Despite the great strides being made in the United States to address inequality and discrimination, the effects of racism can still be felt across the nation. Recent election cycles have truly shone a light on the societal wounds left by racist ideology. Hate crimes still occur with regularity and conversations centered around race can be difficult. However, there is promising work happening across America to help close racial divisions. The W.K. Kellogg Foundation’s Day of Racial Healing is a time to discuss how communities heal from the harms of racism.
Established on January 17, 2017, the National Day of Racial Healing was created by over 550 different leaders from across America. The intent was to create a day in which people, communities and organizations can come together to create a more hospitable world for people from all walks of life. Since then, the National Day of Racial Healing has been observed on the Tuesday following Martin Luther King Jr. Day. The W.K. Kellogg Foundation (WKKF) hosts the annual observation in cooperation with Truth, Racial Healing and Transformation (TRHT) community partners.
How it Works
The work done to fully address racial healing is complex, with many different components. This also lends itself to different approaches in how racial healing occurs. However, it is not always easy to begin conversations surrounding racial issues. To help, in the weeks leading up to the actual day, organizations affiliated with WKKF and TRHT share their ideas on how to better bring racial healing to their sectors and how to simply discuss racial healing. The National Day of Racial Healing offers “action toolkits,” which offer ideas for events and activities to engage with people in specific settings. For example, one toolkit gives parents ideas on how to broach the subject of racial healing with their children and their wider social circle. Ideas include finding literature that is easily understood by younger children and that discusses concepts such as racial identity.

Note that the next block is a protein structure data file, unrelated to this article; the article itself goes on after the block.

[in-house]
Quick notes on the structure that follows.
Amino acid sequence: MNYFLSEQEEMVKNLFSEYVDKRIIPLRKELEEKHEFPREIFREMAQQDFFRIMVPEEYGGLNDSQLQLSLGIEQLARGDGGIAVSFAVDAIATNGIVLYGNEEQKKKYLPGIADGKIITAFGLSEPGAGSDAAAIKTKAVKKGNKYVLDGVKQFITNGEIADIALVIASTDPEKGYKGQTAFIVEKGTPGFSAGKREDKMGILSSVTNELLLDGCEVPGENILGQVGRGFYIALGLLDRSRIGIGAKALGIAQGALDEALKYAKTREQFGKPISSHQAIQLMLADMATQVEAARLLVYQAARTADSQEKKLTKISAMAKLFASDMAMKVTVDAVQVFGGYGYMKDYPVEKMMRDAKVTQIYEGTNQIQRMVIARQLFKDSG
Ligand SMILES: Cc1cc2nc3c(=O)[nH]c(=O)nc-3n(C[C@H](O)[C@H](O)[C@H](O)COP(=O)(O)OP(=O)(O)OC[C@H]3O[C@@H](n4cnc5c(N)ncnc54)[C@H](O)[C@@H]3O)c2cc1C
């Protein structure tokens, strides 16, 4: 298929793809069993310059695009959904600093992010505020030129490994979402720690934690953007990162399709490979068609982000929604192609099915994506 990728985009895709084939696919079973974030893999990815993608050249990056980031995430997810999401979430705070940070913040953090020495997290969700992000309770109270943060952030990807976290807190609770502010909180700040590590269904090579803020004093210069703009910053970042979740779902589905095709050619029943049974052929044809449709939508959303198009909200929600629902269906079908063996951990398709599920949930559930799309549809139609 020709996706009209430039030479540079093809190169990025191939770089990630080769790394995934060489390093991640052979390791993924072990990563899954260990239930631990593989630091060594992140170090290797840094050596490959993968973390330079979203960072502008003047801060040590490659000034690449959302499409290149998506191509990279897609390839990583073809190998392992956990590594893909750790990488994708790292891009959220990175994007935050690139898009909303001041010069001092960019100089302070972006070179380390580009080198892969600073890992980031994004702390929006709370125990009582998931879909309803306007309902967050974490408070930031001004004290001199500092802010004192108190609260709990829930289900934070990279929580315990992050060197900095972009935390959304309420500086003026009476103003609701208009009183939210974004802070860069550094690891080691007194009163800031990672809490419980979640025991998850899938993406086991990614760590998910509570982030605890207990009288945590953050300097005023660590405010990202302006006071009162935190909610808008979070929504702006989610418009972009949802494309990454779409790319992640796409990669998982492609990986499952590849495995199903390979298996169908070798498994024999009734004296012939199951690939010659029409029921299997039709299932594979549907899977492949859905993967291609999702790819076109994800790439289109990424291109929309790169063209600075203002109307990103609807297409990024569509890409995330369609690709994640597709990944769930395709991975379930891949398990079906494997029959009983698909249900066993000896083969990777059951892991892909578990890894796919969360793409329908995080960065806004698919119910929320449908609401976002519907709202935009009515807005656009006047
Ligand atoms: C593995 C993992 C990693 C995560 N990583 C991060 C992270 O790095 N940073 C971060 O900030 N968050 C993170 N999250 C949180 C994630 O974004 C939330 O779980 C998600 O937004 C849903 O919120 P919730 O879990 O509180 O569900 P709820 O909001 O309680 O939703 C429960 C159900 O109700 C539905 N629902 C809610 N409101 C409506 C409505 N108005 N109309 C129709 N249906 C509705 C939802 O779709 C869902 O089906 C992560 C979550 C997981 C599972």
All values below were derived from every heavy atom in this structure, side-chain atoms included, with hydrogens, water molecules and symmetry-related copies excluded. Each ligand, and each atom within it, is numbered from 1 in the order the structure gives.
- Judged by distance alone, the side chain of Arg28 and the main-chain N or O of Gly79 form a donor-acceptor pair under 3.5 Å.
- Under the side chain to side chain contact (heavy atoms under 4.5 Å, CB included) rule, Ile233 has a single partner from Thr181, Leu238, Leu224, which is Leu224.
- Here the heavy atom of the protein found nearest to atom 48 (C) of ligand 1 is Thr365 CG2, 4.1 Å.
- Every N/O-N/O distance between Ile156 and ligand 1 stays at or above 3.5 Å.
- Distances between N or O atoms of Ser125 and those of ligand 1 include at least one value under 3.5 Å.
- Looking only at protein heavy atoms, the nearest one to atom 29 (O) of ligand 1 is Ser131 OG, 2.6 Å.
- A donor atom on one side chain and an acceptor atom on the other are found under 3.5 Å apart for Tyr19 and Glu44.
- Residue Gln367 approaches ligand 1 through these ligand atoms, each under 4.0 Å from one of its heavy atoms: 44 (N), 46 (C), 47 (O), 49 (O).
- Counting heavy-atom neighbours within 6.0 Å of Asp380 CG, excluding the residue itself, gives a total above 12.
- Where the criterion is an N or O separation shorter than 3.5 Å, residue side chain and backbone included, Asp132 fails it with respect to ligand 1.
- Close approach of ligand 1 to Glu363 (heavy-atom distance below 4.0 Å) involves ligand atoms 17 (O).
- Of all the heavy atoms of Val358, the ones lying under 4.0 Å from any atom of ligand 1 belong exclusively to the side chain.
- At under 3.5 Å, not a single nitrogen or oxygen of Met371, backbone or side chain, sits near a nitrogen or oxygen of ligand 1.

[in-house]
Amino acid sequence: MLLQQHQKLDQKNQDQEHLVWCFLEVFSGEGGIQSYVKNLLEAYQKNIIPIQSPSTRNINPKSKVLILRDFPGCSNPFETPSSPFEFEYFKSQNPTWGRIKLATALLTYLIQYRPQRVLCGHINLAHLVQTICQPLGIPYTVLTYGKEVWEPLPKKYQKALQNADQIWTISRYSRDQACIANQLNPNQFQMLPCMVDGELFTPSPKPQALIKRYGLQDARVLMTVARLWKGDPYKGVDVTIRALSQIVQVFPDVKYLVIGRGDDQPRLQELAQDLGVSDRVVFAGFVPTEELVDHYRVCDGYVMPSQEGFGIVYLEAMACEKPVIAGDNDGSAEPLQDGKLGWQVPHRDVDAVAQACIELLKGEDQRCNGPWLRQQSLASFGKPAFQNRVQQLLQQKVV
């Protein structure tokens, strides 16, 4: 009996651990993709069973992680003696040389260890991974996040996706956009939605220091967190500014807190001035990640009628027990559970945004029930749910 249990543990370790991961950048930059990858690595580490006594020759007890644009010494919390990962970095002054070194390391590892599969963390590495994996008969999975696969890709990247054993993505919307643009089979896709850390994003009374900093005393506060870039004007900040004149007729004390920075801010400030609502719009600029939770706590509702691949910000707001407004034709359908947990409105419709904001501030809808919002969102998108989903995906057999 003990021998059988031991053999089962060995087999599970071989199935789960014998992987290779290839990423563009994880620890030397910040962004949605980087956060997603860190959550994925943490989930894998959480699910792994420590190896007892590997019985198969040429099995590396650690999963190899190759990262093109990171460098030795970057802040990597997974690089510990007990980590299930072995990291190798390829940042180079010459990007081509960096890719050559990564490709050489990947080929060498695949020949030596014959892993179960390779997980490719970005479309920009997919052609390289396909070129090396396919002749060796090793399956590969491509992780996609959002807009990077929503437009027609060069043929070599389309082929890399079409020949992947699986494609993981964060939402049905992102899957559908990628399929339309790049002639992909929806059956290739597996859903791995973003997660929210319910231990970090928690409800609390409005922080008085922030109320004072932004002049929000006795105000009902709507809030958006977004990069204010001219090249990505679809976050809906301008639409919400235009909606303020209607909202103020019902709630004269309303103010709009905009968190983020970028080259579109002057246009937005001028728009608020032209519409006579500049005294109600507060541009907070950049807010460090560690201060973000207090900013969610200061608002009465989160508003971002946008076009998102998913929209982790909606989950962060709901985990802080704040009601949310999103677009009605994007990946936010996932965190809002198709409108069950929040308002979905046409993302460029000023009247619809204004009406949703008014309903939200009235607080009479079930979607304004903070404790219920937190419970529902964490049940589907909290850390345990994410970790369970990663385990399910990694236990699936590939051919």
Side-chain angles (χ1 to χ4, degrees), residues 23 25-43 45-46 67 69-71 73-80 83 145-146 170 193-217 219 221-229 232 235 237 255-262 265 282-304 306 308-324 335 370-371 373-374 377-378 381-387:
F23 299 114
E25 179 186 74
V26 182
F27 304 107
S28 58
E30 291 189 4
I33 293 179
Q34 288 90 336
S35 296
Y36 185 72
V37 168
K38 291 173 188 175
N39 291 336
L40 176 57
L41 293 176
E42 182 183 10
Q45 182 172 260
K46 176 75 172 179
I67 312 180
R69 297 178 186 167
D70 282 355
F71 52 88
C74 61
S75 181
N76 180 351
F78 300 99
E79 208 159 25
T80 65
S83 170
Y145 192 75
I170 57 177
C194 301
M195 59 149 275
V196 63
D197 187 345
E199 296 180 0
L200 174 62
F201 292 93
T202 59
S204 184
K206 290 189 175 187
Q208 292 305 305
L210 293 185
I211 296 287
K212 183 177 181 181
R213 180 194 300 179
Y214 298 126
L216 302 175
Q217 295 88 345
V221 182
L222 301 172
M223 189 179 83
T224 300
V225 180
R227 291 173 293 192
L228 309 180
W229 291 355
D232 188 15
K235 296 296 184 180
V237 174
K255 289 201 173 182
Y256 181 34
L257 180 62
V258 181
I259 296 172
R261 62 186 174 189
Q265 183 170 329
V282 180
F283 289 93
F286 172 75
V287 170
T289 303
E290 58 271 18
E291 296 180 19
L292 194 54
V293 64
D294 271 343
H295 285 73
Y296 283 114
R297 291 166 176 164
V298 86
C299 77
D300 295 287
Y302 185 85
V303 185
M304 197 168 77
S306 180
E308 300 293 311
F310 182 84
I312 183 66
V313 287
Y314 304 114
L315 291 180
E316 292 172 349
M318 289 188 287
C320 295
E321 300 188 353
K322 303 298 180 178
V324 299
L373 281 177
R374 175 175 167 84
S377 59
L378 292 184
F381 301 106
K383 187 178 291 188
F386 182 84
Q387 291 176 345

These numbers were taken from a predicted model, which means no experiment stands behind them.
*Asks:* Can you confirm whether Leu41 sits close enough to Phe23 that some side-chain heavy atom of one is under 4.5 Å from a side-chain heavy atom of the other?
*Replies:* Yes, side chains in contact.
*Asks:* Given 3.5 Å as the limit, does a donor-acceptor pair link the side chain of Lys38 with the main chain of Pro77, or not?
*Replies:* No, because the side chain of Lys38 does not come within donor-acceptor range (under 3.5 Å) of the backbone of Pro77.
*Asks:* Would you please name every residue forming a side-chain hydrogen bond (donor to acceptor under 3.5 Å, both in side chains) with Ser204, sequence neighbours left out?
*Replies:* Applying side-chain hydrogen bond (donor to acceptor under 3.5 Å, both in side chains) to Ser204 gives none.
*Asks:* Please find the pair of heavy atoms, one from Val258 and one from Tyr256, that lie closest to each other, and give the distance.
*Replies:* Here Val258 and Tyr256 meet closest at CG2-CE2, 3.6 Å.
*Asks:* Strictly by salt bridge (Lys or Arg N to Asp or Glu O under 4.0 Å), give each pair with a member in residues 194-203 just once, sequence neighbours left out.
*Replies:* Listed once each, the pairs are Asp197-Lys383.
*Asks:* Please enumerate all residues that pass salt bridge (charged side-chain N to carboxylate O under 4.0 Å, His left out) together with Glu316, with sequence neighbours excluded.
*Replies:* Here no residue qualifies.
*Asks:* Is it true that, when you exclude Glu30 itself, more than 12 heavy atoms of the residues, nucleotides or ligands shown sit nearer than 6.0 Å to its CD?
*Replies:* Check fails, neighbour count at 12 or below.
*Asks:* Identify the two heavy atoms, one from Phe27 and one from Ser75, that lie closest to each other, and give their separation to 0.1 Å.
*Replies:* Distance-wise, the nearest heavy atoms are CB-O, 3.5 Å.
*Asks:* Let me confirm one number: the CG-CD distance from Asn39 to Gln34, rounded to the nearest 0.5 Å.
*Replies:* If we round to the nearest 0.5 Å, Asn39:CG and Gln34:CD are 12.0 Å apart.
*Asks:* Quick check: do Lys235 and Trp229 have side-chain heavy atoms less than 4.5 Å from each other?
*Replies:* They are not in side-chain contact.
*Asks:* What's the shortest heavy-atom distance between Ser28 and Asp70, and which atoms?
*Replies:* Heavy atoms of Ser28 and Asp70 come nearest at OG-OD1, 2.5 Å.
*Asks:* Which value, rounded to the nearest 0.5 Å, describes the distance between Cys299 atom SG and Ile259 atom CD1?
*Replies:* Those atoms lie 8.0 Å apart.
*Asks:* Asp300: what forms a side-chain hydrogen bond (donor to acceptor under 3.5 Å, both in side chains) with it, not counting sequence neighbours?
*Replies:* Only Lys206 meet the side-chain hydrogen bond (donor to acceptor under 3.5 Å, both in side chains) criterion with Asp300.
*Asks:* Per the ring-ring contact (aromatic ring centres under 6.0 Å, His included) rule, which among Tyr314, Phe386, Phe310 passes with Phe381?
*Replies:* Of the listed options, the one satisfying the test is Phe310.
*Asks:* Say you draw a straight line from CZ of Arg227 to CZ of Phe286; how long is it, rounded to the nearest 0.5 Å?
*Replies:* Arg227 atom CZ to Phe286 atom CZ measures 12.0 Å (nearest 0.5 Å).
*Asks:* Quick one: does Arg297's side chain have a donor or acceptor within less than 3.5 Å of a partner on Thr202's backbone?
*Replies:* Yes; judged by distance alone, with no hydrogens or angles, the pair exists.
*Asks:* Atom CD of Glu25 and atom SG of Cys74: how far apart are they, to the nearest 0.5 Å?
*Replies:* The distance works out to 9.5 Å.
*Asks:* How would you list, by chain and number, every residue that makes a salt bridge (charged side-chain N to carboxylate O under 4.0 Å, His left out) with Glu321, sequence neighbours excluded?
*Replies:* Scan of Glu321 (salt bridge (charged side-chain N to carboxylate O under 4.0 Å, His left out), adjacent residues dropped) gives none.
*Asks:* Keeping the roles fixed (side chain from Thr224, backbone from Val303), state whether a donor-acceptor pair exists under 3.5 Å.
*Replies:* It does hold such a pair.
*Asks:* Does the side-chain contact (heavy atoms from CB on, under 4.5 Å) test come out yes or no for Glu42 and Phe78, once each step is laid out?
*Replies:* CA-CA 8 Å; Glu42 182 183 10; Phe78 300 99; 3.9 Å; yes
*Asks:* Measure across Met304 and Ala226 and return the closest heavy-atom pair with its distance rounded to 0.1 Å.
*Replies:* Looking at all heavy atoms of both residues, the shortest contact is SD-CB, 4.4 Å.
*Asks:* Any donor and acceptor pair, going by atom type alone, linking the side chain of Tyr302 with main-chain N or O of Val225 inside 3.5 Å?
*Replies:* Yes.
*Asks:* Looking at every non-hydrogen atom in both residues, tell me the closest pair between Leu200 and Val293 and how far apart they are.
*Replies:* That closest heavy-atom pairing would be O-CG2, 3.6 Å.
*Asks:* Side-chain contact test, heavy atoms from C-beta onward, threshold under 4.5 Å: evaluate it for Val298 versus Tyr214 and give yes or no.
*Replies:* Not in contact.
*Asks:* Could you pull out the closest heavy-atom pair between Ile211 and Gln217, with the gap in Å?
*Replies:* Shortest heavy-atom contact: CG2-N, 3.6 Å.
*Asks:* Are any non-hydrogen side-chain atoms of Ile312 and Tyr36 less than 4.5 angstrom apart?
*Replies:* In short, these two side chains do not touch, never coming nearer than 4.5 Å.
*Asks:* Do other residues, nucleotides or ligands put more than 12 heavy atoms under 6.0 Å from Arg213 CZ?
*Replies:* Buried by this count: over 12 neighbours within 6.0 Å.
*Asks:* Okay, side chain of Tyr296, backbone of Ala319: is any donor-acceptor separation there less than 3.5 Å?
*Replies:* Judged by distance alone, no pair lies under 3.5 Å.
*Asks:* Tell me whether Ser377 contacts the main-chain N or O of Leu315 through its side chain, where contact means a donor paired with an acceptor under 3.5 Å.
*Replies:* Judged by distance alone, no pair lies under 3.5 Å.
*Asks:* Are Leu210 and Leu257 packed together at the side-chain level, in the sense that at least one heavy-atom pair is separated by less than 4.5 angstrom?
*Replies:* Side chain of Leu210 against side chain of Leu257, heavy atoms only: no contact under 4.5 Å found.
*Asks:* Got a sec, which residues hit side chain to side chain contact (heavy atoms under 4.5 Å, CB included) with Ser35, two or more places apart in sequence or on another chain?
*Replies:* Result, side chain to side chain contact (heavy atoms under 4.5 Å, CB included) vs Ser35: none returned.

Action toolkits are available for students, educators, faith & spiritual communities and are also available for the health, business, and philanthropy sectors. This means that anyone, regardless of the space they occupy, can participate in the National Day of Racial Healing. At its core, this is what the day is about. Providing the resources and space for people to participate in racial healing. WKKF and TRHT both acknowledge that racial healing cannot occur unless there are proper spaces for people to cooperate and discuss their ideas. To truly begin healing, there needs to be space for all people to join in on the conversation.
The National Day of Racial Healing continues to be observed every year, and we encourage you to participate in the seventh annual observation on Tuesday, Jan. 17, 2023. Watch the 2022 virtual event to be inspired and visit DayofRacialHealing.org to learn how you can host or participate in an event in 2023!